Soultz-Haut-Rhin (German: Sulz/Oberelsaß) is a commune in the Haut-Rhin département in Grand Est in north-eastern France.
Its inhabitants are called Soultziens (male) or Soultziennes (female).
The town of Soultz-Haut-Rhin has an enclave located northeast of Goldbach-Altenbach.
The town of Soultz was built around a salted water source from which originates its name.
The origins of Soultz go back to the 7th century.
667 : the written name of Sulza (salted source) is mentioned in a donation from Adalrich, Duke of Alsace, father of Saint Odile, of the bann of Soultz to the convent of Ebersmunster.
The Soultz Railway was a 9.8 km (6.1 mi) long military light railway with a track gauge of 600 mm (1 ft 11 5⁄8 in) that the Germans built and operated during World War I from Soultz to the Niederwald terminus below the Hartmannswillerkopf near Wattwiller.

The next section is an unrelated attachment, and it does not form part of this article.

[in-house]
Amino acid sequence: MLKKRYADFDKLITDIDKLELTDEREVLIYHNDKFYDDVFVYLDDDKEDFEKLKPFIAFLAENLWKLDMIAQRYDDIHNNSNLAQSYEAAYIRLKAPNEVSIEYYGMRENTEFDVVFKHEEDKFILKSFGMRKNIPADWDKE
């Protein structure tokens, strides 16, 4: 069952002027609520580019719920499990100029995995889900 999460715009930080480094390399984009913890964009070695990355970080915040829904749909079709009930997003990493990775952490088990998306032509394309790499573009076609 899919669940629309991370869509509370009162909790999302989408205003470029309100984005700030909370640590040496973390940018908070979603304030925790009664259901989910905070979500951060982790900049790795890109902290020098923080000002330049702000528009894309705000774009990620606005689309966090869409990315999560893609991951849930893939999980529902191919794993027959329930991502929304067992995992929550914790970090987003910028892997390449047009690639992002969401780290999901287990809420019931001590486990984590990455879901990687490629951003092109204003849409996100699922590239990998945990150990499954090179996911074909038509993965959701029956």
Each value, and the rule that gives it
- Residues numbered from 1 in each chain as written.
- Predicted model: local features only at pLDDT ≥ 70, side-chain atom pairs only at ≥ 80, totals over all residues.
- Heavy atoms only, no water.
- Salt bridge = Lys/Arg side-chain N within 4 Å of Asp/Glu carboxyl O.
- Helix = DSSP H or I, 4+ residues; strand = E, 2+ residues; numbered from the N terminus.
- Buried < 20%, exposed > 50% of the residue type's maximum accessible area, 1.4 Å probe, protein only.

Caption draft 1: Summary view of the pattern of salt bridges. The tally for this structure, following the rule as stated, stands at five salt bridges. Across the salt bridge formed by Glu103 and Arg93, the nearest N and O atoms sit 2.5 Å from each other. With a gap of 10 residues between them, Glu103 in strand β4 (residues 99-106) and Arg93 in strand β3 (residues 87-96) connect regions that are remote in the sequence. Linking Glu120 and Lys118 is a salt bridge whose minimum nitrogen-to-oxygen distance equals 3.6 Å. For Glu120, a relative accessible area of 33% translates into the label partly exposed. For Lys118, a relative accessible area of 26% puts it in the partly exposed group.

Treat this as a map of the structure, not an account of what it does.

Soultz has houses from the 15th, 16th, 17th and 18th centuries.
The Church of Saint-Maurice is a Gothic building (1270–1489)
Château de Buchenek is a 13th-century castle, now a museum
La Nef des Jouets (The Toys Vessel, museum of toys)
The 1860 town hall is a Renaissance Revival building
Georges-Charles de Heeckeren d'Anthès, who married Catherine Gontcharoff, eldest sister of Alexander Pushkin's wife, and killed Pushkin in a duel.
Auguste-César West (1810–1880), prefect of Haut-Rhin from 1848 to 1850 then prefect of Bas-Rhin until 1855 and of Haute-Garonne until 1859.
Bernard Genghini, footballer, born in 1958 in Soultz
Pierre Villon (1901–1980), whose real name was Pierre Ginsburger, was a French political figure who took part in the Resistance.
Katia Krafft, volcanologist, born in 1942 in Soultz. Wife of the volcanologist Maurice Krafft. Both of them were carried off in 1991 by a pyroclastical flow on the sides of the Mount Unzen (Japan).